Kenny Lewis

While the spirit of folk is still alive and well, its sound has seen better days. With the success of pop country music in recent years (an overtly glossy second cousin twice removed, oftentimes mistaken as the sister to the brother of folk — namely, traditional country music) anxious producers have scrambled to spit shine out every blemish that would, in older days, be considered integral to the quality of folk music. This has effectively turned some of the genre’s best written albums into unnecessarily polished, overproduced husks of songs.
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Which is exactly why Rich Schroder’s new album, Your Kind Words, is such a relief. Channeling the classic musicians that inspired him in his youth — from Bob Dylan to Arlo Guthrie — Schroder teamed up with veteran engineer Kenny Lewis to use some new techniques to get that old, soulful sound. And luckily for us, Mr. Lewis found some free time to chat us up, reminding us in the meantime that some people do, indeed, still listen to AM radio.

EQ: Aside from, of course, Rich’s vocals, the mix is centered around the acoustic guitar. This makes sense given the style of music, but what was your approach in tracking the guitar knowing that it was going to sit so prominently in the mix?

Kenny Lewis: When it was just a single pass, like the majority of the guitar tracks on the album, I used mid-side (M-S) and stereo mikings, with a couple of [Sennheiser] 451s close miked to get a bigger guitar sound. You have to watch your phasing really closely but this works out the best, unless you are doing multiple passes, though; that sort of miking setup tends to get a sound that’s too big and poofy.

Anyhow, the M-S mics were placed about 2 to 3 feet from the guitar, and the stereo mics were placed up and down instead of left and right. One 451 was pointed directly at the bridge, and the second was just past the 12th fret.

EQ: How did you begin the mix? Did you do the old standard of starting from the drum tracks, or did you start with the more central components?

KL: I’m pretty old school in that I just start with the drums, though the vocals were, and always are, very important — so I spend a lot of time making sure they’re fitting where they need to. Most people don’t understand music, they understand English, and so the vocal has to sit in the mix so that it’s very clear.

I was also very concerned about the phase of the record, making sure I knew how the record is going to sound in mono if it gets played like that. More and more engineers seem to not care about that these days. I’ve worked with a lot of Christian bands, and many of them get AM radio play, so I’ve really learned to worry about how tracks sound in mono.

EQ: So you always mix with mono in mind?

KL: I think you need to keep it in mind.

EQ: You mention the clarity of the vocals as being the most integral aspect of a record for most listeners. How did you track Rich’s vocals to really get the most out of his performance?

KL: The vocal chain was a [Neumann] U87 into the Groove Tubes VIPRE then into an API 560 EQ and finally, into the [Teletronix] LA-2A. Rich worked with his vocal coach in the studio, making sure the performance was right, and mostly just leaving me to just make sure it sounded good.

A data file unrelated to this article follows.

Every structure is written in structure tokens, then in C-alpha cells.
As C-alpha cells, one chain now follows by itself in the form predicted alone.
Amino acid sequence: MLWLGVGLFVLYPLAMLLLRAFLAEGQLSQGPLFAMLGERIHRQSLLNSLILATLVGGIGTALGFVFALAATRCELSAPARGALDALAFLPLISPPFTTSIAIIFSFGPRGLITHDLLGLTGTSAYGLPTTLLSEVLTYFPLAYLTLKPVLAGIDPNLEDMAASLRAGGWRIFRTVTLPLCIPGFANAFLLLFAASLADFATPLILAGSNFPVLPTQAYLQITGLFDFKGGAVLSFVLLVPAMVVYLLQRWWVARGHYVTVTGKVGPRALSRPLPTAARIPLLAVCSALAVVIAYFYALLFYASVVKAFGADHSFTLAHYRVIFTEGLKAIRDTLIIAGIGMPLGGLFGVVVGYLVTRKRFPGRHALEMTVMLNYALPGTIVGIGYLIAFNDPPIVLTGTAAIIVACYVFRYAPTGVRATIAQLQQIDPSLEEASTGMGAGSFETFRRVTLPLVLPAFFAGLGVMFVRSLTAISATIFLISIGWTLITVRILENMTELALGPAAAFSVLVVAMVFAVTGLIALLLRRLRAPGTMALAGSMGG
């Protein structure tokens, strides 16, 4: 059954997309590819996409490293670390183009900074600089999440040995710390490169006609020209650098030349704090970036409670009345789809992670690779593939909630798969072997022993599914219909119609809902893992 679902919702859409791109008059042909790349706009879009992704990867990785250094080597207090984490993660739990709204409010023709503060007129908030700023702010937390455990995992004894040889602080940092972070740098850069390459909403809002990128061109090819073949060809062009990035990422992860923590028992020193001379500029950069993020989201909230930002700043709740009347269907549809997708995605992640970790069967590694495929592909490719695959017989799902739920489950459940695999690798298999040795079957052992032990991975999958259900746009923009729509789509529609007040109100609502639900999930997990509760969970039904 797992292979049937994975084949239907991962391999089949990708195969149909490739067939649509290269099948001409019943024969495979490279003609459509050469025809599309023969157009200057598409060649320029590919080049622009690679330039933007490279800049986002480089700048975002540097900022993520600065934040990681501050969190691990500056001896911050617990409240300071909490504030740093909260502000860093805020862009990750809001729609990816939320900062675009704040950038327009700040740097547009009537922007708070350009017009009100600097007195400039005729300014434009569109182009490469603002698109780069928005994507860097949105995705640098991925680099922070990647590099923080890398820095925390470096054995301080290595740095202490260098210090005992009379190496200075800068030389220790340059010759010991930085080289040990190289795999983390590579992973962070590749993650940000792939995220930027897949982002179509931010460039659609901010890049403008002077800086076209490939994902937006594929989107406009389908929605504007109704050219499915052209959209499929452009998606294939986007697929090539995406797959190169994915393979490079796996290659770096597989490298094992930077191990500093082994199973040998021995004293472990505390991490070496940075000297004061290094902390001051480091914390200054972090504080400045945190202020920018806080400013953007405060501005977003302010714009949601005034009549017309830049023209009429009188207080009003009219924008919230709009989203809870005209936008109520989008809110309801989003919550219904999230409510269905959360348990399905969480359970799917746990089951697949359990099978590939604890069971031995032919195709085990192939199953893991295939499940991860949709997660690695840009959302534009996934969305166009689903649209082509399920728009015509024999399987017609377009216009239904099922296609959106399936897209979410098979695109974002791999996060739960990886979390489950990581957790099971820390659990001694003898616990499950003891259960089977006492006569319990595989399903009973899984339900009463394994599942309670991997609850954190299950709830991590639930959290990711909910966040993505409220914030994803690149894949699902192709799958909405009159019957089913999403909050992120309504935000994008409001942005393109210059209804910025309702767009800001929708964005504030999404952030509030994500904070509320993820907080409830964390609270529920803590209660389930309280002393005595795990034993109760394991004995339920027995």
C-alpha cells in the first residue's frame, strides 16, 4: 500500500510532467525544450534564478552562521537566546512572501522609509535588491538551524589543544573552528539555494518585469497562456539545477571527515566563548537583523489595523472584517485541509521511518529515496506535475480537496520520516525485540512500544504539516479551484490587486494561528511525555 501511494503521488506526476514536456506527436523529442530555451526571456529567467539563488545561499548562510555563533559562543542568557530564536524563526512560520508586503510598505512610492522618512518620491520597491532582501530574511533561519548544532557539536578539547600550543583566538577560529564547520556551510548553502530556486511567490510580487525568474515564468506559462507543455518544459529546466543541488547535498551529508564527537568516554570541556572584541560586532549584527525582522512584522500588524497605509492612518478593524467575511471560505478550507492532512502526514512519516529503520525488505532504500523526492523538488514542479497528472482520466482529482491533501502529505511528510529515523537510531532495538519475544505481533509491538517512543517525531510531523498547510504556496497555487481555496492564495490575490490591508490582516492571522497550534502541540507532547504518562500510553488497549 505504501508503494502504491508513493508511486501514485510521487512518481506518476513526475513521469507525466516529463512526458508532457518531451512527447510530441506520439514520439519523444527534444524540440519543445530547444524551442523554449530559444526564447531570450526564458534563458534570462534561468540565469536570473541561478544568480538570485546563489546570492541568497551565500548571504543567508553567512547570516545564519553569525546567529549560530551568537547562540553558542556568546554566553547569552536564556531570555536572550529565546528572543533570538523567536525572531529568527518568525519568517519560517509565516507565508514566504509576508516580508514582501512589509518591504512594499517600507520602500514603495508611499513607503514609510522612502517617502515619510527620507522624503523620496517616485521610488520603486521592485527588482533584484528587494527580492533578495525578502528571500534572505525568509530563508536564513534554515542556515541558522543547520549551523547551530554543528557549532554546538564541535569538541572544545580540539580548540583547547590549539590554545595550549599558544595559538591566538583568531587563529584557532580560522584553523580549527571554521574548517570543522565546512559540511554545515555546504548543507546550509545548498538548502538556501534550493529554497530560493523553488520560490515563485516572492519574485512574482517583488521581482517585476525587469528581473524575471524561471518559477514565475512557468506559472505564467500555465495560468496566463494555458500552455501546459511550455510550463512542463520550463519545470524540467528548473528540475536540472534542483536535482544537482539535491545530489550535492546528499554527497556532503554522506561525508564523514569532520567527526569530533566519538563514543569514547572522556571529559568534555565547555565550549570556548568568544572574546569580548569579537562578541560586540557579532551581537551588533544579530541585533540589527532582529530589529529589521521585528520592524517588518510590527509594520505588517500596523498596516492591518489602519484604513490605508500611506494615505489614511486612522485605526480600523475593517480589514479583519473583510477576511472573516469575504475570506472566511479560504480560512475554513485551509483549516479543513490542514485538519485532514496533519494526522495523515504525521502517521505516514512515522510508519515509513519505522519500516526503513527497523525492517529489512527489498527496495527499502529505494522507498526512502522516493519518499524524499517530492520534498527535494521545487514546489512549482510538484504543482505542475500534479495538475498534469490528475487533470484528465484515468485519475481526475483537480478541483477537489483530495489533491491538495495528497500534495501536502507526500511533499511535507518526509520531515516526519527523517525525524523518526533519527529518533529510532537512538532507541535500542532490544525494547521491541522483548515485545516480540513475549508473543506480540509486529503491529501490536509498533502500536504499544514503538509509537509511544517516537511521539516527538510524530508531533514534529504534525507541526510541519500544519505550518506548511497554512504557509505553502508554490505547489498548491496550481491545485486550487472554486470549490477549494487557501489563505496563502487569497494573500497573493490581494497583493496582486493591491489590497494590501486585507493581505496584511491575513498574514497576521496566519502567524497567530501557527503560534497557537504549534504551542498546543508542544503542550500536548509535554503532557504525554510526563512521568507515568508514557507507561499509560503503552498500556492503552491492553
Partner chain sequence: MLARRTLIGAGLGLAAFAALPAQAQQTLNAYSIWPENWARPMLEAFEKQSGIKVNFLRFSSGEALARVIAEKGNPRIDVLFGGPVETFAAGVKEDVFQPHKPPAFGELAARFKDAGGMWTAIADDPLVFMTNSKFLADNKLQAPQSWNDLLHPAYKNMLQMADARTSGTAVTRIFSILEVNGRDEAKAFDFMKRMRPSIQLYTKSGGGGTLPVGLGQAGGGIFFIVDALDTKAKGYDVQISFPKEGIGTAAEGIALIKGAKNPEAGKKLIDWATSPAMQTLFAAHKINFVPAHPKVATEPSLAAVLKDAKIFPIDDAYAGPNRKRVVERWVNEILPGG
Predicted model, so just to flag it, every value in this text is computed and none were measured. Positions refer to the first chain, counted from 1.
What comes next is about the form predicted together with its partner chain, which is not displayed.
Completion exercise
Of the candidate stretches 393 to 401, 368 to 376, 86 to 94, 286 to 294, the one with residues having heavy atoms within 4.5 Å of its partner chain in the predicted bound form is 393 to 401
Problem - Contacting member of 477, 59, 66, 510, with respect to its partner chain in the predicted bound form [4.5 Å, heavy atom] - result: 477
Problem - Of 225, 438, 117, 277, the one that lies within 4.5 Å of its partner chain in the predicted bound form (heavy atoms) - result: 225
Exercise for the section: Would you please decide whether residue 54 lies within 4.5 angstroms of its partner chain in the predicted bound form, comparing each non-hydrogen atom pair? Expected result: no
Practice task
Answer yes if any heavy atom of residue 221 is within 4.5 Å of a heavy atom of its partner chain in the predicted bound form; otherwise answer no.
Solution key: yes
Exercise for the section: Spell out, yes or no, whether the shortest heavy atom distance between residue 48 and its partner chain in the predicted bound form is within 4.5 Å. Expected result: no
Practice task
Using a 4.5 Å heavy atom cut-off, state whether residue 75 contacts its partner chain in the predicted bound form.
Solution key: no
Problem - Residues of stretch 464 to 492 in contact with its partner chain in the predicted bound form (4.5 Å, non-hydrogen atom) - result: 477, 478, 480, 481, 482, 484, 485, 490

EQ: How much compression did you rely on when mixing his vocals?

KL: When I mix, I can ride the compressor pretty heavily, but when I’m tracking I try to make sure that I leave my options open. With vocals, though, I’m usually sure I know what I want, and the LA-2A is a pretty gentle compressor, so it’s pretty hard to mess it up.

EQ: But not so much that you track vocals with compression, right?

KL: No, because if down the line a label wants to buy the record and remix it, you’ve already forced them to work with your effects — and a lot of times that could be a deal breaker. It’s becoming more and more common for labels to come in and just buy whole records, so. . . .

EQ: So you approached tracking this record with that mindset?

KL: Yes, but it’s interesting: The original thought process was that Rich’s record was going to be just guitar and vocals, so we went into recording this with just him and his guitar. But when it was done we decided to move it into something a little more mainstream. So we cut bass and drums — the other elements — as a secondary session almost.

EQ: What about the drums?

KL: I miked the top and bottom heads of all the toms, did a top, side, and bottom three mic technique on the snare, and did the standard stereo pair overhead deal. I used my Radio Shack special on the kick, with the “four button trick” on the 1176. [Editor’s note: This refers to the classic technique of engaging all four ratio buttons on an 1176, causing the unit to distort and max out, also known as “the British mode”.] I find it helps the stereo image quite a bit. My room is small, so we had to get a little creative. I have a [Lexicon] 480L that we used for a reverb unit, and that helped to simulate the sound of bigger drum room.

EQ: And on the rhythm section note, the bass sound is really warm.

KL: I used an Avalon DI, which I dumped directly into the LA-2A. That’s usually what I do, and often I’ll mic it, but for Rich, I just ran the DI. What I did on this record during mixing is split the bass into two channels, using a SansAmp on one channel for more of an amp tone. So, it’s almost like bi-amping the bass.

EQ: That’s a cool approach.

KL: This album was really one of those times when you see more production, bit by bit, creep in, and all of a sudden you have a full band . . . and that’s when you stand back and thank God you cut everything to a click [laughs].